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University of Greenwich (2007)

Sustainable landscape planting in the Negev desert

Kotzen, Benz

Titre : Sustainable landscape planting in the Negev desert

Auteur : Kotzen, Benz.

Université de soutenance : University of Greenwich

Grade : Doctor of Philosophy (Ph.D.) 2007

Résumé
The research concerns the potential for using the native plants of the Negev Desert in southern Israel in the Negev, which will help to promote more sustainable landscape development in the region.
The study combines the data collection in the field of 163 plant species located in the Negev desert and the literature review of these species. The plants’ key physical, visual and aesthetic characteristics as well as their natural growing conditions are analysed. The analysis leads to an evaluation of the Negev plants in terms of suitability for particular uses in the Negev landscape.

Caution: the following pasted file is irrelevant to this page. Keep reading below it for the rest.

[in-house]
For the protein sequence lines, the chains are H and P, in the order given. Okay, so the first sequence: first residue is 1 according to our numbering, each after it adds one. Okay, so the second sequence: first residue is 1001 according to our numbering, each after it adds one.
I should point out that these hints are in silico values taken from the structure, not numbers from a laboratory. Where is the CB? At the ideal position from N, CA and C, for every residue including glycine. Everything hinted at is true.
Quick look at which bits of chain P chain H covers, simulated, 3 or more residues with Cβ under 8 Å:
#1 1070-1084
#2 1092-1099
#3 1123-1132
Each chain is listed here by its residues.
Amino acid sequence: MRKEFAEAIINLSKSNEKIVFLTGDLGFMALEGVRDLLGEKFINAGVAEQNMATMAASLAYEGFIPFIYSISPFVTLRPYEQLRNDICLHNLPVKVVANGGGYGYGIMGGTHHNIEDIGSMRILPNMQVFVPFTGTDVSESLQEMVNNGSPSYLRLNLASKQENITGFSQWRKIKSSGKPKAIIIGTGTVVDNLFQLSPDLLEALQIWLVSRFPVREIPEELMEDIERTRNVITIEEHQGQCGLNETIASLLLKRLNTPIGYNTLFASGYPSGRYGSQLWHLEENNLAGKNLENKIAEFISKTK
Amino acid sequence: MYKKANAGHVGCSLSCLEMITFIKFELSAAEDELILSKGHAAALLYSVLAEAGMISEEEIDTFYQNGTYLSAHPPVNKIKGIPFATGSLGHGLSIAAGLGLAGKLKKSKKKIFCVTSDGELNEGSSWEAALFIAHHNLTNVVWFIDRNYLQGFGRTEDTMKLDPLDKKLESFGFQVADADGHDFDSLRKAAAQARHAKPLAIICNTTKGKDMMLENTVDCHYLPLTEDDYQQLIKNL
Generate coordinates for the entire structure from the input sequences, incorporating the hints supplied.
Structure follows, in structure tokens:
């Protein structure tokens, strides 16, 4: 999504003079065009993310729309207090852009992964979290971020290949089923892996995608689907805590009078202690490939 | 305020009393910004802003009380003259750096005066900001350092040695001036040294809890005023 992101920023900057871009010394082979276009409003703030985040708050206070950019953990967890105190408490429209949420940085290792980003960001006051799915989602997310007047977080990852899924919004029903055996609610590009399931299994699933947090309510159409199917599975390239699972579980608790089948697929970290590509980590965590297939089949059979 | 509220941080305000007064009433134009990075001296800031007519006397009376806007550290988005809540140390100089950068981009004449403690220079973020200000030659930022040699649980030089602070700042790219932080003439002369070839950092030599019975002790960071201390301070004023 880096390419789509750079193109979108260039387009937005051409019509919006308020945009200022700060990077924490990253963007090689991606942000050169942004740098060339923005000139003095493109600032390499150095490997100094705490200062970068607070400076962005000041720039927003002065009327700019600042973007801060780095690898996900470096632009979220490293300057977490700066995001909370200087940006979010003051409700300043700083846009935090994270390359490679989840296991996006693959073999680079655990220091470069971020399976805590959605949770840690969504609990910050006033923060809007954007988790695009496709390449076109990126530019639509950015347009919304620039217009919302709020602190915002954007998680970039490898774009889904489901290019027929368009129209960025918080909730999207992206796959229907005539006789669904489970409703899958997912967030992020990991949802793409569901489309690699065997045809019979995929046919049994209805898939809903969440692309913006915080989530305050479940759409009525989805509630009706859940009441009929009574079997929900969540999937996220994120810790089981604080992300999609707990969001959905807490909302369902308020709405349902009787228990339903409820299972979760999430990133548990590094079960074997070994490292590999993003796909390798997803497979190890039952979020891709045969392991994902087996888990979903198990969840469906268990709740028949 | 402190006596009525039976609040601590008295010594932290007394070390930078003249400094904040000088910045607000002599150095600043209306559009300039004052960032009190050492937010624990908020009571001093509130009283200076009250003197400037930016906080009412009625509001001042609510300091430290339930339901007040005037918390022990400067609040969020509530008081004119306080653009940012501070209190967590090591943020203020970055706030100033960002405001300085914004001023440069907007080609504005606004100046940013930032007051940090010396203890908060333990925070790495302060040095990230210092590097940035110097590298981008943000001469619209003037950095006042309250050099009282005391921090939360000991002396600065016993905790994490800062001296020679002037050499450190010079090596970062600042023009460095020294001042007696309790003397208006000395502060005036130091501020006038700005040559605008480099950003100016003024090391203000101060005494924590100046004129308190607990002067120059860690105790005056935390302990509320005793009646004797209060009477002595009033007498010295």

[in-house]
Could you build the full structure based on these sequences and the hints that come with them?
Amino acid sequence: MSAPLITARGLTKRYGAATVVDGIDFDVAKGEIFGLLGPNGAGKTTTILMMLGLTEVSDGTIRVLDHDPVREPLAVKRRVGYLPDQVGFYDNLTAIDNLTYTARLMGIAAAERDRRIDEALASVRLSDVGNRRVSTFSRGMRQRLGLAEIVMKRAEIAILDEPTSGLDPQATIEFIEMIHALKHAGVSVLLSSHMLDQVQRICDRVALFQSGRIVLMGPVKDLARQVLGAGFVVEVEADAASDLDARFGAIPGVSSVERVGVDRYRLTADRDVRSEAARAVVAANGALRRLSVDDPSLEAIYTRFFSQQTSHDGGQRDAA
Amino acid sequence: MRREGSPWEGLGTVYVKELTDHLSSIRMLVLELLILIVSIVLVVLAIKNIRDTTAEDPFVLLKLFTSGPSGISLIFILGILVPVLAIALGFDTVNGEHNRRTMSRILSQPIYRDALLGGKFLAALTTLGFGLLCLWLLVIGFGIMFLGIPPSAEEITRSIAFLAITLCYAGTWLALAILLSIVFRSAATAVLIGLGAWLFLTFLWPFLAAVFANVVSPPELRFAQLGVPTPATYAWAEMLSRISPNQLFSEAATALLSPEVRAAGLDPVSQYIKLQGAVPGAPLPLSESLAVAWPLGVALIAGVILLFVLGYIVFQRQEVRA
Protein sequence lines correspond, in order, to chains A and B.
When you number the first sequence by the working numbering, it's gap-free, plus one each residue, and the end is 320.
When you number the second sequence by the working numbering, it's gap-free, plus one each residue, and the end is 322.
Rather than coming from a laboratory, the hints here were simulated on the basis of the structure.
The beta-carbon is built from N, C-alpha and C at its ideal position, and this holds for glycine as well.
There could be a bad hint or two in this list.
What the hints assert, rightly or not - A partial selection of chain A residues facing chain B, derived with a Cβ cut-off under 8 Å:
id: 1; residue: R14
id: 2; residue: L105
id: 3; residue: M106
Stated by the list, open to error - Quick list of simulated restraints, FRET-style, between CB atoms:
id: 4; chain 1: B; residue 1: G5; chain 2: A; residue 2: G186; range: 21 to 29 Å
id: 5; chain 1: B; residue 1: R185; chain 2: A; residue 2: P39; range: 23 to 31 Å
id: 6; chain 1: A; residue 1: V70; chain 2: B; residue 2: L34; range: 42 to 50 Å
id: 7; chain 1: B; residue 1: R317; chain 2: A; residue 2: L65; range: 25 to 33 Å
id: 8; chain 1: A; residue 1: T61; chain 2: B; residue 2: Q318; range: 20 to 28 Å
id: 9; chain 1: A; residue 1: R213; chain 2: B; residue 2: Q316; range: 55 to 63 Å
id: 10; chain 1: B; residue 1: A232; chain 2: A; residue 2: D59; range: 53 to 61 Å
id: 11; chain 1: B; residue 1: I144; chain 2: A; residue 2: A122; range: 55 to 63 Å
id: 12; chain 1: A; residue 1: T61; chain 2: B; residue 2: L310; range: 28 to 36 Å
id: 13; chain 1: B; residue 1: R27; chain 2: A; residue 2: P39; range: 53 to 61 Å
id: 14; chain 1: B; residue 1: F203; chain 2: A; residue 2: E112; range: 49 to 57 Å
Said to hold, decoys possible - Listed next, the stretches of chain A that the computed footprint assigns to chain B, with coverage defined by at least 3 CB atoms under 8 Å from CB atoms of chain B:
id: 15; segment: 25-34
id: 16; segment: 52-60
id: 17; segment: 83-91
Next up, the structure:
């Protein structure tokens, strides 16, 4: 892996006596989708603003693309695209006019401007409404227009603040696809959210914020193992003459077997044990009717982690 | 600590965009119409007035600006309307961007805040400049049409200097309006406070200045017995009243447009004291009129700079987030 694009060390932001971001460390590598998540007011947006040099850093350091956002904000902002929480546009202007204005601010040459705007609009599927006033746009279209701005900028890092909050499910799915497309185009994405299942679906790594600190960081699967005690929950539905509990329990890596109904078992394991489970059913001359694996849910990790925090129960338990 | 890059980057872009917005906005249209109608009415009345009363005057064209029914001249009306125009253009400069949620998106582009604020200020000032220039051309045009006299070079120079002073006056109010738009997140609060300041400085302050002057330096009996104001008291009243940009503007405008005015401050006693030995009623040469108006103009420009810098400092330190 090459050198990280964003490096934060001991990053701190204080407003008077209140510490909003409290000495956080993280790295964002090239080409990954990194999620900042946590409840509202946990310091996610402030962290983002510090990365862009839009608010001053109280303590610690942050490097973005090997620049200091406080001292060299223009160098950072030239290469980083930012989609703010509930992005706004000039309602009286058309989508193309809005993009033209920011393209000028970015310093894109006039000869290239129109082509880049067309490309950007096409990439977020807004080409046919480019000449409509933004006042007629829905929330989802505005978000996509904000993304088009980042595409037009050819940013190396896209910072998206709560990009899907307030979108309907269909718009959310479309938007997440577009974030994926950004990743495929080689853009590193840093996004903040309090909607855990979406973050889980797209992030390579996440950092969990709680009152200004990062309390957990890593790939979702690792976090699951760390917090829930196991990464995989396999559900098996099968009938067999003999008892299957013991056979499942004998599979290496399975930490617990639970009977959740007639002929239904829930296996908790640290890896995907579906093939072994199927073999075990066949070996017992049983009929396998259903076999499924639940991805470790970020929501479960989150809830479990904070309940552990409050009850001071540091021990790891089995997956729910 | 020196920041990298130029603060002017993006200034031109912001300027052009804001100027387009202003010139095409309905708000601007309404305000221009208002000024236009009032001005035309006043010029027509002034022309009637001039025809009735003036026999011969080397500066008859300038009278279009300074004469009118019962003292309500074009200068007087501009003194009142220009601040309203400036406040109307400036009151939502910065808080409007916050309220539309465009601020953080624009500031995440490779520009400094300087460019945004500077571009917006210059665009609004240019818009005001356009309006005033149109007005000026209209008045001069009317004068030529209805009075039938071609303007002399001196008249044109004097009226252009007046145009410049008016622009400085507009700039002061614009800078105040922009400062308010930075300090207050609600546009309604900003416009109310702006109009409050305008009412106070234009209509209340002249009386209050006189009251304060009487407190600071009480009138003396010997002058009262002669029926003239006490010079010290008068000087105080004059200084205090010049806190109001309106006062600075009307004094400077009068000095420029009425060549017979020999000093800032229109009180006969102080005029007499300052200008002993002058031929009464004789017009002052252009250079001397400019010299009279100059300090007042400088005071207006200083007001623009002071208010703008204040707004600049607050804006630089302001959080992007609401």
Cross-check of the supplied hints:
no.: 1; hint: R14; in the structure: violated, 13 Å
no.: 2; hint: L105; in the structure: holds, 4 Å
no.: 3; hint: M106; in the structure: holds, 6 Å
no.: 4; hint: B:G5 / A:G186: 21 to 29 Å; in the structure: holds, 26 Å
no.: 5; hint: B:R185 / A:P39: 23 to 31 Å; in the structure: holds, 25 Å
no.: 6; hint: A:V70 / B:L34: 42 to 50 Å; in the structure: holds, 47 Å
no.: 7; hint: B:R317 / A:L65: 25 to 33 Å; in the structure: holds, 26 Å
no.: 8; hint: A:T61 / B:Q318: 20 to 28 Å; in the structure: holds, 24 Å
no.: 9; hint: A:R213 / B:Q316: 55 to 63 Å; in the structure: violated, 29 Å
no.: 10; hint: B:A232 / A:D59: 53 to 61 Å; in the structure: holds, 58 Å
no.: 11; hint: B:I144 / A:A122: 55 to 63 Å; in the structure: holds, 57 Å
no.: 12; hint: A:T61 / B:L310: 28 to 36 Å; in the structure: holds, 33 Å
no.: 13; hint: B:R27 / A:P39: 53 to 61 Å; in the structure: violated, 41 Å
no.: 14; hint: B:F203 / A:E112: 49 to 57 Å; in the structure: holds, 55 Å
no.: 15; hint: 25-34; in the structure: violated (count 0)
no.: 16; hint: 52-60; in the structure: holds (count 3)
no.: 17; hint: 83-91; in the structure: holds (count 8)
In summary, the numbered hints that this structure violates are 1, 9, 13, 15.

The conclusion reached is that the main reason for the non-use of the native plants is that they are still considered a part of the hostile desert environment. They have not as yet been ‘culturalised’.
The advantages/disadvantages of using the native plant species is considered for each plant using a natural/quasi-experimental method, where each of the 163 species located by the author is analysed in terms of its physical and aesthetic characteristic and potential use. Furthermore, the individual species are matched with an exotic species and evaluated according to their potential landscape and ecological effects, water use and their potentials for environmental use in natural areas, the middle landscape and garden locations. The analysis and evaluation of the native Negev species confirms that 95%-96% of the native Negev plants have the potential for environmental use in natural areas and the middle landscape and 69% have the potential for garden use.
A scientific study of the shade characteristics of 6 native Negev trees confirms that these trees provide an equal, if not better shade, compared to two control species and thus their potential for use in creating shade and altering micro-climate has been proven.
The research also proposes a series of micro-landscape solutions, which will help to promote plant establishment and growth in the Negev as well as other desert environments. These proposals are seen as part of the agenda for establishing more sustainable landscape development in the Negev

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